Maye's last of six competitive 11-on-11 reps wasn't anything spectacular. However, the throw was a sign of progress from the Pats rookie. In the play, Maye beat pressure by throwing a slant into tight coverage to wide receiver Kawaan Baker. After the play, Brissett approached Maye and seemed to offer some encouragement.

"It's correcting the things from the day before and going out there and doing it right the next time because you never know when it's gonna come up," Brissett told Patriots.com. "It's just positive reinforcement and trying to instill that confidence in him and show him that he is getting better."

By the sounds of it, Maye didn't properly identify the pressure to make an on-time throw in an earlier practice. Based on Brissett's comments, the coaches threw a similar pressure scheme at him, and he passed the test. Those are the incremental improvements you want to see.

2. WR Tyquan Thornton is Early Candidate for Spring Practice Player of the Year

Obviously, this award doesn't exist. However, every spring, some players pop into OTAs. He's in the best shape of his life! Tyquan breakout season! Let's slow down, particularly with Thornton, because we've seen this movie before. In fact, we saw this last spring from Tyquan, where his speed and separation ability were noticeable until the pads came on in camp.

Still, the gig is to tell you what happened at practice, and what happened was Thornton looked like the best receiver on the field. Tyquan caught the deep ball from Maye, as we mentioned earlier, and ran away from the coverage on a crossing route off boot-action. We aren't doing Tyquan again, and I'm not getting duped again. But his upper body looks thicker, his speed could be more of a factor with better downfield passers, and this offense suits his skill set more than the old system. Wait, are we doing Tyquan again? Let's see what it looks like when he has to play through contact.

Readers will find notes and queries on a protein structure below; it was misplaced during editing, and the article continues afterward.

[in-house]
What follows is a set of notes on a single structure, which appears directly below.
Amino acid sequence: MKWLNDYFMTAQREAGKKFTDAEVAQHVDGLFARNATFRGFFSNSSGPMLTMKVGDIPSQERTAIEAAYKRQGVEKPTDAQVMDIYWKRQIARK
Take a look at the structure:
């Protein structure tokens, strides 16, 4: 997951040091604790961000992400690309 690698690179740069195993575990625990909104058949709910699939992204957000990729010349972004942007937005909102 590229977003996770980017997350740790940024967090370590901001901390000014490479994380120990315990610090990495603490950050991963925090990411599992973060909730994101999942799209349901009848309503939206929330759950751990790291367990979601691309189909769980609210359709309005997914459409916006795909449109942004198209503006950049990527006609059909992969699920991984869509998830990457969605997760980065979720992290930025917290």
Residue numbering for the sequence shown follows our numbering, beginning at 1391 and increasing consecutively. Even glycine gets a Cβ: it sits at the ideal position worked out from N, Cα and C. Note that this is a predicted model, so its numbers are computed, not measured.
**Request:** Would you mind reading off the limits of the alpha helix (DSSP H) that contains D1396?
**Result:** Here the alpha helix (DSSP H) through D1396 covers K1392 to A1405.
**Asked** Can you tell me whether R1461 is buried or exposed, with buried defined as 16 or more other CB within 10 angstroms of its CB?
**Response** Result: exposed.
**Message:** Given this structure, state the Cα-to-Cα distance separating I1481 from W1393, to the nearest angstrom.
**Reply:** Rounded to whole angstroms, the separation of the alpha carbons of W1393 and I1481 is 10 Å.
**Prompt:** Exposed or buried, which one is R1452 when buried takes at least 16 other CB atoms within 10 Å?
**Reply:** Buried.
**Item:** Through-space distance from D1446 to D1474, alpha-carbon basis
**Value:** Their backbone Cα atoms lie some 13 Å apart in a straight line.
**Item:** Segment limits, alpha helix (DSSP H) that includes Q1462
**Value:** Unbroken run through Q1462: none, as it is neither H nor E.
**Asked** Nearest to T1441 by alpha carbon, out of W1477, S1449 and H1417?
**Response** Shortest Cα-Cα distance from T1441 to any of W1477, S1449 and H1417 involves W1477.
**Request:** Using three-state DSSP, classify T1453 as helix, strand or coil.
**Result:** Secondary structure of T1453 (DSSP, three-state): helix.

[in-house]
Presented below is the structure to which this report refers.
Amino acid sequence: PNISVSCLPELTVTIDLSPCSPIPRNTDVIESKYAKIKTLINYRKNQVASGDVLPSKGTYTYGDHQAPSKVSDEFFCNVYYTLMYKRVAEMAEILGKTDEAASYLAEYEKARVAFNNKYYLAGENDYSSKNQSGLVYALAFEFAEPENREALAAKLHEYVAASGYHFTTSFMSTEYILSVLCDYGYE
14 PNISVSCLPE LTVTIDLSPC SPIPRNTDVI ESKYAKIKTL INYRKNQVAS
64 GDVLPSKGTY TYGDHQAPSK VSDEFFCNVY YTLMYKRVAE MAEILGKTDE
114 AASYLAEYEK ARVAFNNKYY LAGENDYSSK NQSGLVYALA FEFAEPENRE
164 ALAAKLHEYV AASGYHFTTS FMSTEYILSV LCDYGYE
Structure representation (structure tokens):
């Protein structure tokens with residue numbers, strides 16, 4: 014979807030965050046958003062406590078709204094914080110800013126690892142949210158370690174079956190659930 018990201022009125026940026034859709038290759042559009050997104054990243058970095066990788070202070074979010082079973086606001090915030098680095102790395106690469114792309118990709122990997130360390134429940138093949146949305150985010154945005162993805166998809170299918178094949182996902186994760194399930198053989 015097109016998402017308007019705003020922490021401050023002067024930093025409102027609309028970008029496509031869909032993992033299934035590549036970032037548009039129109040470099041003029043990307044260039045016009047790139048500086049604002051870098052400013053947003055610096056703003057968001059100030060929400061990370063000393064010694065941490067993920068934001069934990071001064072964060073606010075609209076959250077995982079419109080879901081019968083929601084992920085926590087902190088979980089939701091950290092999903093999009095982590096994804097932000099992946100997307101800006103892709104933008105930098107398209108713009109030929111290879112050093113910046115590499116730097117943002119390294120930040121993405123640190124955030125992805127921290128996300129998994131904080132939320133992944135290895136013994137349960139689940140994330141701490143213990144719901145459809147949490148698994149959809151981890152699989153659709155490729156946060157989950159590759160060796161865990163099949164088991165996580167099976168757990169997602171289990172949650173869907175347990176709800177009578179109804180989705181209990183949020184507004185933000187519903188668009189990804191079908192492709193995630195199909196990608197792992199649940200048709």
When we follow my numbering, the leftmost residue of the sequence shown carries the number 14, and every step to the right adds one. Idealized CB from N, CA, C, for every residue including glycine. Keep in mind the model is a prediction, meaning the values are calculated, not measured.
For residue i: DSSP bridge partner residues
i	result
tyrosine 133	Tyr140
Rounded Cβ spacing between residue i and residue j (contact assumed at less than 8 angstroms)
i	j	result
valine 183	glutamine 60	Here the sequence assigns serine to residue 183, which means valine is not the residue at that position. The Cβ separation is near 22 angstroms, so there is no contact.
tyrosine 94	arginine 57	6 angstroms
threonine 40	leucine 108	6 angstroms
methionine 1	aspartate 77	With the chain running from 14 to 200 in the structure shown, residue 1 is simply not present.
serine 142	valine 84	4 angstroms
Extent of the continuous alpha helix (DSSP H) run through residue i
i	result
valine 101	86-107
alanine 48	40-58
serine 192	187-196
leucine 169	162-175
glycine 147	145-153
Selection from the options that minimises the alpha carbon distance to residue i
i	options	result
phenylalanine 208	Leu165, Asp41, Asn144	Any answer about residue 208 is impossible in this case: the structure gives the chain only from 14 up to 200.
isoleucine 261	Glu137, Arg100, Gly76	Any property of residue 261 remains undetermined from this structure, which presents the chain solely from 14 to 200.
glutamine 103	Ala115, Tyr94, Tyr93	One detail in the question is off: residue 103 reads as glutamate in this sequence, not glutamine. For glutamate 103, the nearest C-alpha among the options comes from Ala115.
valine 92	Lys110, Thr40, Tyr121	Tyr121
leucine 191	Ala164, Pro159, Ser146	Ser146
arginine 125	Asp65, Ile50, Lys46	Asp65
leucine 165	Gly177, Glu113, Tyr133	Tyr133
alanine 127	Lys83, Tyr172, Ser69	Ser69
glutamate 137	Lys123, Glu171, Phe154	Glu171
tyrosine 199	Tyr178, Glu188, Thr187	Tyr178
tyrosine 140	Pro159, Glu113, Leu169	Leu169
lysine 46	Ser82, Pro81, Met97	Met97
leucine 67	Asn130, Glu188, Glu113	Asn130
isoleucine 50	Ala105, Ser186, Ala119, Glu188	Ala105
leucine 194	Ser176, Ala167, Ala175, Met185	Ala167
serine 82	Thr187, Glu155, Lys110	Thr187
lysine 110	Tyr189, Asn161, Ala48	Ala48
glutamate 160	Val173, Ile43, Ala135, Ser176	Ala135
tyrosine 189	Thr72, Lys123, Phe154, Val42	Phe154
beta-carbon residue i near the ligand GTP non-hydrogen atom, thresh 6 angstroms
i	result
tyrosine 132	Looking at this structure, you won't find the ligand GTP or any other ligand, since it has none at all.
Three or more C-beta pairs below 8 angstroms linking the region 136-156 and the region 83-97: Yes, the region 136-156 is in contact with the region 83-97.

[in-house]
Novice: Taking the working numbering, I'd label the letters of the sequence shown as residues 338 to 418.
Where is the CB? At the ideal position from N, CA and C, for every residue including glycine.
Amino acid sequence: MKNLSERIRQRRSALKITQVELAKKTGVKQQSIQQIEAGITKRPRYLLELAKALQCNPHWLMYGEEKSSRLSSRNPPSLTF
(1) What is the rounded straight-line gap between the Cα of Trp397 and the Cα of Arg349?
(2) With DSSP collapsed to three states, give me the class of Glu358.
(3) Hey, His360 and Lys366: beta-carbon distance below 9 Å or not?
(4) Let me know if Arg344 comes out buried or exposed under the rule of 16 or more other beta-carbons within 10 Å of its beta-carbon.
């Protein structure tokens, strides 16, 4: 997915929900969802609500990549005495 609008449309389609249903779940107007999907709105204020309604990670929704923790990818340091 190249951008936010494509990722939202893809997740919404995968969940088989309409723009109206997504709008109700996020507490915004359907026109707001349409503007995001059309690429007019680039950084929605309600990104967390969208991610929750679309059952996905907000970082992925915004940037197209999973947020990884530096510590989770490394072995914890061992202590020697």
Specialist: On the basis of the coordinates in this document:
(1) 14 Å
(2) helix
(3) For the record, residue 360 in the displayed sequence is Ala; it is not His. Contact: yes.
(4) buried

3. Rookie WR Javon Baker Flashes Contested Catch Skills in Wednesday's Session

The other receiver whose hype train already has a full head of steam is fourth-round pick Javon Baker. Baker made two impressive plays. First, a catch in traffic working over the middle, and then he beat CB Marco Wilson along the sideline on a high-point fade. Baker has some noticeable tools to work with in his explosiveness, strong hands to make catches outside his frame, and body control to thrive in contested situations. There are some inconsistencies to his game, such as his release work, which was a factor when he was locked up by CB Alex Austin earlier in practice on a pass breakup that led to an interception. Still, you want to see flashes from young players, and Baker certainly has those.

4. Patriots G Sidy Sow Sits Out Practice, Adding to Already Existing O-Line Concerns

Look, let's not overreact to participation in OTAs. However, Sow went through mental reps in a practice jersey rather than participating in team drills on Wednesday. There appeared to be a wrap on Sow's left leg, but it's unknown if he's dealing with an injury. Sow's absence led to more reps for Atonio Mafi, who is taking any rep he can get at guard or center, and Micheal Jordan. The Patriots are reportedly going to start the regular season without starting left guard Cole Strange, and now Sow might be dealing with something, too. Not great.

Although it's impossible to judge offensive linemen without pads, there were two reps, one each for Brissett and Maye, where the play was blown dead due to pressure on the quarterback. The Patriots offensive line remains the biggest sticking point with their outlook on offense.

5. Patriots Quarterbacks Competing in Alex Van Pelt's Throwing Drills

Another change to Patriots practices under the new regime comes during positional drills where offensive coordinator Alex Van Pelt and QBs coach T.C. McCartney work different drops with the quarterbacks. New England has a standard throwing net with three targets, and Van Pelt will call out which target the quarterbacks should aim for while they're in their drops. The idea is to keep their eyes up, not at their feet, and to react on the fly to Van Pelt's calls, which can sometimes be colors (red, white, or blue) or numbers associated with the different targets.

According to Zappe, who has been told that he's competing for the starting job like the other quarterbacks, the Patriots QBs keep track of how often they hit the targets.

"There's a little smack-talking. We keep count. It's a friendly competition. I think I'm winning, but I'm sure everybody else has their own opinion on it," Zappe said. "It's a fun competition, and everybody gets better."

DISCLAIMER: The views and thoughts expressed in this article are those of the writer and don't necessarily reflect those of the organization. Read Full Disclaimer